- Print Competition. Skip isn't the only one who I've heard suggest checking out the WPPI Print Competition. He says it's one of the most valuable aspects of the conference, and a great way to learn. Going on Saturday and Sunday, there's plenty of time to stop in and listen to the comments from the judging panel, or walk through the displayed work.
- You're going to walk. A lot. Seriously. A lot. Have you ever been to the MGM? It's huge. No, really. And the conference center is separate, which means even if you're staying in the MGM, you're going to have a hike to get there. Skip suggests that you, "Find the most comfortable who-cares-if-they're-ugly pair of shoes." He even suggests to get up and start walking now, especially if you've become more sedentary over the winter (guilty!), to get yourself a little more prepared. I think a walk just made it's way into my evening plans...
- Classes: There are so many amazing classes being offered, with such a great lineup of speakers. How do you choose?! It comes back down to planning. Take a look at all the classes being offered, and see what would be most valuable to you and your business. Skip suggests choosing at least one outside of your comfort zone (taking a class on photographing seniors if you're a wedding photographer, for example), because diversity is good. It's nice to have a couple back-ups, especially in today's economy. Most classes fill up quickly, so if it's something you really want to do (and you have not pre-boarded), arrive 15-30 minutes early, depending on who it is. I've heard waiting in line can be one of the most fun times, and a great chance to meet new people!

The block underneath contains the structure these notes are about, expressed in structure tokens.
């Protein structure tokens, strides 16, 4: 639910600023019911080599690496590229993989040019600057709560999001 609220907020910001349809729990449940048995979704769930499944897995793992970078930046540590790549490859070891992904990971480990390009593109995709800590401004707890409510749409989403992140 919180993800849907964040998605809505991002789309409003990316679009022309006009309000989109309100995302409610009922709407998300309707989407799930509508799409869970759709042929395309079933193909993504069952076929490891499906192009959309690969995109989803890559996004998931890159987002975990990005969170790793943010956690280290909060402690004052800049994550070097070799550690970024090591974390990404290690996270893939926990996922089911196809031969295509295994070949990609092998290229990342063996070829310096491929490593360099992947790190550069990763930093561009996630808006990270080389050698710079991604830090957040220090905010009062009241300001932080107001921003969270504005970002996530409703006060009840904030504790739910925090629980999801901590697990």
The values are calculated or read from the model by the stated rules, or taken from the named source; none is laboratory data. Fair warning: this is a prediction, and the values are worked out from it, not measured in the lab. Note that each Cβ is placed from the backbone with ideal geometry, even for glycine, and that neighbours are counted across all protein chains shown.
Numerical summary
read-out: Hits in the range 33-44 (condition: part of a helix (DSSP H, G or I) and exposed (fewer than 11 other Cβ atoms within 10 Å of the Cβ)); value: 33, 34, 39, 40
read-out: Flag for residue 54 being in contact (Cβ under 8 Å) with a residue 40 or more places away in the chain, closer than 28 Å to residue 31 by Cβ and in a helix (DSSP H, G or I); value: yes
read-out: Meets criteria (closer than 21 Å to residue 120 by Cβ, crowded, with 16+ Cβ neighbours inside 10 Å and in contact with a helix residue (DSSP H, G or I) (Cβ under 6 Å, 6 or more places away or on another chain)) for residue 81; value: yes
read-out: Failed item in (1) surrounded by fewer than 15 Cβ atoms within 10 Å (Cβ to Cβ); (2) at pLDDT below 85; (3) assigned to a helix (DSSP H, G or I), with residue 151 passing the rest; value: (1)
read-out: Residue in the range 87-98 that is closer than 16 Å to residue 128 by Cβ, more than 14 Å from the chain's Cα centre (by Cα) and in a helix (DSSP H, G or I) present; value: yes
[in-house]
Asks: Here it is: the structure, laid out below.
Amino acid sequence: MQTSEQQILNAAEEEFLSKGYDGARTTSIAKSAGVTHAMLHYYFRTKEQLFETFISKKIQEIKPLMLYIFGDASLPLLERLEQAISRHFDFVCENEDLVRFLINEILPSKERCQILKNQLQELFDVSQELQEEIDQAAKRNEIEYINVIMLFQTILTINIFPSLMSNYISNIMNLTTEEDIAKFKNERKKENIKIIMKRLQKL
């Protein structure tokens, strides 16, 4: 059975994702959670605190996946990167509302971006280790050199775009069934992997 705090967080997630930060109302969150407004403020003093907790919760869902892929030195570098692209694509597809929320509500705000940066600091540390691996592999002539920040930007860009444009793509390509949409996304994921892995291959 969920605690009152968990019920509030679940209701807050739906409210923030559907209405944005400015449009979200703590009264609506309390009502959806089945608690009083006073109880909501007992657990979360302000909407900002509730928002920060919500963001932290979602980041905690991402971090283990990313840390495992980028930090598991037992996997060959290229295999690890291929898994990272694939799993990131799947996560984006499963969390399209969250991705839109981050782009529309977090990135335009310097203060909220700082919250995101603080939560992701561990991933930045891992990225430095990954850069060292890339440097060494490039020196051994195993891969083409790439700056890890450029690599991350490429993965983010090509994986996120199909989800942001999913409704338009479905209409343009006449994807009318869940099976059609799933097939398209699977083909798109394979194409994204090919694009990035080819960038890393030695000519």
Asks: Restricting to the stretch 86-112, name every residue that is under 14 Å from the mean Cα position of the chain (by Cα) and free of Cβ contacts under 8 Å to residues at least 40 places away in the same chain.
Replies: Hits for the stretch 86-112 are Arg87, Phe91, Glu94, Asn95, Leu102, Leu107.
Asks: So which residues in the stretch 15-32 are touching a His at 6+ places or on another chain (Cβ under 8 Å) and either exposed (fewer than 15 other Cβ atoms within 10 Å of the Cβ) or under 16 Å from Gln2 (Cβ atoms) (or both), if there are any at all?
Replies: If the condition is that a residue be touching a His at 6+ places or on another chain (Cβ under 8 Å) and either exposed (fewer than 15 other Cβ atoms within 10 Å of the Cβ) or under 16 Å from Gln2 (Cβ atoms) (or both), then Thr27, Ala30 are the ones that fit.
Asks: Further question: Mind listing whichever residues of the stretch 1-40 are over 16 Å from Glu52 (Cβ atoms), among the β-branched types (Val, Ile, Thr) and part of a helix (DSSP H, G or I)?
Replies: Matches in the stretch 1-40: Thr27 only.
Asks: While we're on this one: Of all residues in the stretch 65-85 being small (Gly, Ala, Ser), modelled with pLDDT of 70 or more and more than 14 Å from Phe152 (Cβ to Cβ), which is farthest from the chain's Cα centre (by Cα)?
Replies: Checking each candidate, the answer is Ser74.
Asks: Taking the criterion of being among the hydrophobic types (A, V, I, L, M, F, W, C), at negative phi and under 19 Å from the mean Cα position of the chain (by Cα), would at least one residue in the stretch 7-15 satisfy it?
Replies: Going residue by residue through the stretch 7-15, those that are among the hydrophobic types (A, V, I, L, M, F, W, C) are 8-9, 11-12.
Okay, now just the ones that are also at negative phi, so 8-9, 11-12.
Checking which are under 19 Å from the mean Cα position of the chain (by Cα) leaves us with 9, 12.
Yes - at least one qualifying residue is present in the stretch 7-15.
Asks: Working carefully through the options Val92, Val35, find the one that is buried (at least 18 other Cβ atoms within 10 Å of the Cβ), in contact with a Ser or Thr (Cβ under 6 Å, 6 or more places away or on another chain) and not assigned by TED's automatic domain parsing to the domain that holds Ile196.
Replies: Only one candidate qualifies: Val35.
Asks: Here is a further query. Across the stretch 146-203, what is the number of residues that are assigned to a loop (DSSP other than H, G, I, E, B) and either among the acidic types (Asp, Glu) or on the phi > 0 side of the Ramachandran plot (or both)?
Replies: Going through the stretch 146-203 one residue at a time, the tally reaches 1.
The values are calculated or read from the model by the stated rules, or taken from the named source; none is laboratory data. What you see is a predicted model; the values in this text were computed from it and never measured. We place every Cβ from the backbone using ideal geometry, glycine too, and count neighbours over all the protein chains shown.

- Don't be shy. In a sea of people, it's easy to hide in your shell, as it's not uncommon to feel intimidated. Seeing photographers and speakers who we look up to is exciting, but you may not know how to approach them, or if it's okay to approach them. Skip made a great point when he said that there's nothing wrong with introducing yourself to speakers, because by them getting to know you, it helps them know if what they're about to talk about is going to hit home. "Don't step into a conversation like a stormtrooper. Respect people's space." If you maintain basic common sense when it comes to approaching people, and not interrupting conversations, you should be okay. Meet those who have a hand at putting on WPPI, like Jason Groupp and Lauren Wendle. Again, WPPI is a great opportunity to network.